Aug. 30 (Bloomberg) -- Treasuries investors remained neutral in the latest week, as a weakened economic outlook and the European debt crisis kept curbed directional bets, according to an Aug. 29 survey by JPMorgan Chase & Co.
About 83 percent of the clients surveyed by the primary dealer were neutral, just less than the 85 percent in the previous week. About 13 percent were short, up from 11 percent of investors betting that the price of the securities would fall the previous week.
“Rates have already priced in a lot of economic weakness,” said Srini Ramaswamy, a JPMorgan strategist in New York, in a phone interview. “Except for the risk from Europe, there would be more investors positioning for higher rates.”
The percentage of investors in the survey betting that Treasury prices will increase was unchanged at four percent. The firm surveys clients on positions relative to the respondents’ benchmark. JPMorgan does not disclose the number of clients in the survey.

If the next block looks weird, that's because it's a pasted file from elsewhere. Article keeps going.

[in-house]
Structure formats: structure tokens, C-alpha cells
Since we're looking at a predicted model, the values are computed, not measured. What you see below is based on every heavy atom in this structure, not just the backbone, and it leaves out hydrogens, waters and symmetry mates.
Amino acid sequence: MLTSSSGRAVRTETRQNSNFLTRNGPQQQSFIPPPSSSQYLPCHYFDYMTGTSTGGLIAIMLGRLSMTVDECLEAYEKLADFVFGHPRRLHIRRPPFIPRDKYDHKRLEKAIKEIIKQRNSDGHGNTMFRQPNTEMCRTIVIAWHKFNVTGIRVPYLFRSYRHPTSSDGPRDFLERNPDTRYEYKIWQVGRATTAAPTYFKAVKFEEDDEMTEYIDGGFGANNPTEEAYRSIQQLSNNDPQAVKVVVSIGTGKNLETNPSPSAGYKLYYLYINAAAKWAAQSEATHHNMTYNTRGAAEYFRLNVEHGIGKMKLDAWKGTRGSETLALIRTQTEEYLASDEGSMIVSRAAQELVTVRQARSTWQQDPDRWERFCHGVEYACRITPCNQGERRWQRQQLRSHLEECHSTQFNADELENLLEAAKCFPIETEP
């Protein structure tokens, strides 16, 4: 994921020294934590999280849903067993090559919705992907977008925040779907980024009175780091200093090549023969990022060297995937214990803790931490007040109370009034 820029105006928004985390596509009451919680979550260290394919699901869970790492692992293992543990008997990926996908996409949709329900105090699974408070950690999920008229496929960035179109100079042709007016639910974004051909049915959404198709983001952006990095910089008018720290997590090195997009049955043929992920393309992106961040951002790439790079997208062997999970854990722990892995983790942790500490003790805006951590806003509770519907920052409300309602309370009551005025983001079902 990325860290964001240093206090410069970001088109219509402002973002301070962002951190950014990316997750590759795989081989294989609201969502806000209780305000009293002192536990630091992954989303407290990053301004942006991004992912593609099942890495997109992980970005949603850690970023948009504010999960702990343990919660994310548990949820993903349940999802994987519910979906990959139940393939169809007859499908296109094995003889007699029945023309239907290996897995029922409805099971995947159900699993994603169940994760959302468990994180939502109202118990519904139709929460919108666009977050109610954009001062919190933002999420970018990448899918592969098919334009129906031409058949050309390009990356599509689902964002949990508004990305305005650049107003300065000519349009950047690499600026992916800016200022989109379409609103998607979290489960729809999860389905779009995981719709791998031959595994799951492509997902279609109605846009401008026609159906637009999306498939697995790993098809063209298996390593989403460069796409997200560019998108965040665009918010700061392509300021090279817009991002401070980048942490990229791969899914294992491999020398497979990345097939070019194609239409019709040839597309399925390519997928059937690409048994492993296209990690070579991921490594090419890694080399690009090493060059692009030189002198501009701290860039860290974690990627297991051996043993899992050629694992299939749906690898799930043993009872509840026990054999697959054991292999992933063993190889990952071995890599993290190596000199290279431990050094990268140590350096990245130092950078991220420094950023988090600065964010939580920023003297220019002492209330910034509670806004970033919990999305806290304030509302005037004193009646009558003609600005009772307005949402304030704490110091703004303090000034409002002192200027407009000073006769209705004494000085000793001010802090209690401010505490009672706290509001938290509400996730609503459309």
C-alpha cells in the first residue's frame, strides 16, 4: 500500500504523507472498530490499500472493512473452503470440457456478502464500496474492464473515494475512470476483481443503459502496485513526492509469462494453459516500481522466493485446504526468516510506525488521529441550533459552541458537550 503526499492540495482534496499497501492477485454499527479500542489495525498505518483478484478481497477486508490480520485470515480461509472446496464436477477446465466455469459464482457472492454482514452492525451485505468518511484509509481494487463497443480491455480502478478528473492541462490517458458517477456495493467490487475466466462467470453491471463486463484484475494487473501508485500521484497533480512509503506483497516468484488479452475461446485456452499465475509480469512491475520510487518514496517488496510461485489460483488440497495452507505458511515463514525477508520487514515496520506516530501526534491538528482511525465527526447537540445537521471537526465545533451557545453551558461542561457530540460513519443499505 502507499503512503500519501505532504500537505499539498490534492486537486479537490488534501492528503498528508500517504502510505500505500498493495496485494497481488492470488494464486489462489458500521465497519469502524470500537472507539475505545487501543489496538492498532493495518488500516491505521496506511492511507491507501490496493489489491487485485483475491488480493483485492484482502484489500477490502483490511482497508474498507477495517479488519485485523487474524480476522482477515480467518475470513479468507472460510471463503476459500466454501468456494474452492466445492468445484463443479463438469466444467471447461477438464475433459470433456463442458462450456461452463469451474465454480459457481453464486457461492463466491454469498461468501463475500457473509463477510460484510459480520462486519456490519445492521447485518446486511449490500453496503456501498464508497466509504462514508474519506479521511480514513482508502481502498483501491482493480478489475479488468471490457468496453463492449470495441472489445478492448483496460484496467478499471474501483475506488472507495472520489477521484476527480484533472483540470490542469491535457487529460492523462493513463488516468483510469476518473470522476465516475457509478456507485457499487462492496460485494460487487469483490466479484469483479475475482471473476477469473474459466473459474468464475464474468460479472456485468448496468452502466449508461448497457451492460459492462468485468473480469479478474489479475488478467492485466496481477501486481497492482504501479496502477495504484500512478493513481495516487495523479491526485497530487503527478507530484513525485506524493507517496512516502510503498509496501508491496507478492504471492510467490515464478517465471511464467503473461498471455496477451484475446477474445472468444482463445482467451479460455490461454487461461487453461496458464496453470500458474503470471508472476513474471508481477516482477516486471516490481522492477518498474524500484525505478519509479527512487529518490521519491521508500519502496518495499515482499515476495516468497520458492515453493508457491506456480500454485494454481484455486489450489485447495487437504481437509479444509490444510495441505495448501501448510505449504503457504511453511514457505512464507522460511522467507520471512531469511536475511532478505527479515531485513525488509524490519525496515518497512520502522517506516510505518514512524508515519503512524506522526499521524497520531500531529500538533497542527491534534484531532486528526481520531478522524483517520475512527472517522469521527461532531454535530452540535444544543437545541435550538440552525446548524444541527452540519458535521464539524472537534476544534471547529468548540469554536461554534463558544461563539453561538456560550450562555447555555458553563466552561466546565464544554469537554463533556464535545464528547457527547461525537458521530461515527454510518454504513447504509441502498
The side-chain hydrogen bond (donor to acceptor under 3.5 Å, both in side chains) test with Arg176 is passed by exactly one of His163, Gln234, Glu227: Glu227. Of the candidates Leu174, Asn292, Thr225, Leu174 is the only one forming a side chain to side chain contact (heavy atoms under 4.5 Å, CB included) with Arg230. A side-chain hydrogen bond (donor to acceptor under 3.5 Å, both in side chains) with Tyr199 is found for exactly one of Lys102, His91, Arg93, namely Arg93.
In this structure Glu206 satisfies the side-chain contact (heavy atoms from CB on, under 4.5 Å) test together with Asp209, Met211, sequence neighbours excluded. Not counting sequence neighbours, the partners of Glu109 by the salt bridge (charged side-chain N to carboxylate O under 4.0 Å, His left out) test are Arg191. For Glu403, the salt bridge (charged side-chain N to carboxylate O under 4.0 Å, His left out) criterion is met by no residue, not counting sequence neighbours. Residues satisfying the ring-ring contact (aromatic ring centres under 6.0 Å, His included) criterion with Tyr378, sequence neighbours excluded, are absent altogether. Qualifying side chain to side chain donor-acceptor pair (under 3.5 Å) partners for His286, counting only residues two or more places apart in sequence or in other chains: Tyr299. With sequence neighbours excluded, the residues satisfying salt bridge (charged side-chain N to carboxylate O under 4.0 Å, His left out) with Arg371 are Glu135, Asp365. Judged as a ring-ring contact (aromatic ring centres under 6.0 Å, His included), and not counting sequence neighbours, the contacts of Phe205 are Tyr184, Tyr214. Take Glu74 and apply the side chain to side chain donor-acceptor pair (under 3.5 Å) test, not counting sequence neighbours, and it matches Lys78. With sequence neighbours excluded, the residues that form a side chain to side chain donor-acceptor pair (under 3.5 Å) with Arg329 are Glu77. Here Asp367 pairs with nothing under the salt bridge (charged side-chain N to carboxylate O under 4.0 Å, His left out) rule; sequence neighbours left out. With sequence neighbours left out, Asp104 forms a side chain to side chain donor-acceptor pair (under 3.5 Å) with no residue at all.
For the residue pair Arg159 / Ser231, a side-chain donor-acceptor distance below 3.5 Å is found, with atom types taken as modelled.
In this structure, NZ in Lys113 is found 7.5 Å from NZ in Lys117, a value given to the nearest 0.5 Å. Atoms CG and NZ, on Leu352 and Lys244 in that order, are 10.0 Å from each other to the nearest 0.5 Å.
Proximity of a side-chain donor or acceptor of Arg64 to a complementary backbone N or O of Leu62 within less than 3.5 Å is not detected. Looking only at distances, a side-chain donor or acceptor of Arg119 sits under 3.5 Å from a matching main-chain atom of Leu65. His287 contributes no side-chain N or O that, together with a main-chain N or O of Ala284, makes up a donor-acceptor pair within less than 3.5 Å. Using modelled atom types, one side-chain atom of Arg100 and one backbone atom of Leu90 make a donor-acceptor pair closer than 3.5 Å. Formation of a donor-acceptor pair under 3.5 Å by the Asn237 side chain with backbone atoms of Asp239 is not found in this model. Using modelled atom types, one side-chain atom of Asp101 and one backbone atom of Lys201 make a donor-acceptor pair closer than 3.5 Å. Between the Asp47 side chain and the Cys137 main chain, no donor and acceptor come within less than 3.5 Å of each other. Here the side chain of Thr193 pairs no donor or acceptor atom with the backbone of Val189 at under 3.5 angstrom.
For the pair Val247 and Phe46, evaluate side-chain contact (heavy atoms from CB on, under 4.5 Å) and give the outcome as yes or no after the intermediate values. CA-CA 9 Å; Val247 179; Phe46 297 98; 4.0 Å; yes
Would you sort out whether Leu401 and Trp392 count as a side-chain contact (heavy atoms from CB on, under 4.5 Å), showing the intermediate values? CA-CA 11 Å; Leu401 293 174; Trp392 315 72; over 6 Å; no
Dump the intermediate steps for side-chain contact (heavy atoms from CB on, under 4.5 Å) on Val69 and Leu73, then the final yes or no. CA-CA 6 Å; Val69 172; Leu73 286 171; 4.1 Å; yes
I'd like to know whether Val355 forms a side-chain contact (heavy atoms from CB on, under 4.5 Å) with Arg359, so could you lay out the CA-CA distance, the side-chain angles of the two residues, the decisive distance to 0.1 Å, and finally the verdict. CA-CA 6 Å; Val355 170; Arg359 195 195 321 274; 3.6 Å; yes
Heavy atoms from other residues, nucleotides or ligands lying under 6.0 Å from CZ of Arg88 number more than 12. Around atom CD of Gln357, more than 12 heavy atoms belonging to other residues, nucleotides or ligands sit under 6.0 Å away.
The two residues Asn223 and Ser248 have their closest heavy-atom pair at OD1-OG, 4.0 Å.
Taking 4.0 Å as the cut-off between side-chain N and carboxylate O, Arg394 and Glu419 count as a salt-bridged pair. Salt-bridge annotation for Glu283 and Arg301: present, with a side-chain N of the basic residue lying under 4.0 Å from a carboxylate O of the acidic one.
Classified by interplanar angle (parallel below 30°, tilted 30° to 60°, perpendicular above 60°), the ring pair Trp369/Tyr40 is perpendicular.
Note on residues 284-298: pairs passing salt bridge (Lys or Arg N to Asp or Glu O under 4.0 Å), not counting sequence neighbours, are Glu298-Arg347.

Commerce Department figures last week showed the economy grew at a 1 percent annual pace in the second quarter. GDP grew by 0.4 percent in the first quarter.
European confidence in the economic outlook plunged the most since December 2008 this month as a persistent debt crisis roiled markets and clouded growth prospects across the 17-nation euro region.
Yields on benchmark 10-year notes dropped eight basis points, to 2.18 percent in New York, according to Bloomberg Bond Trader prices.
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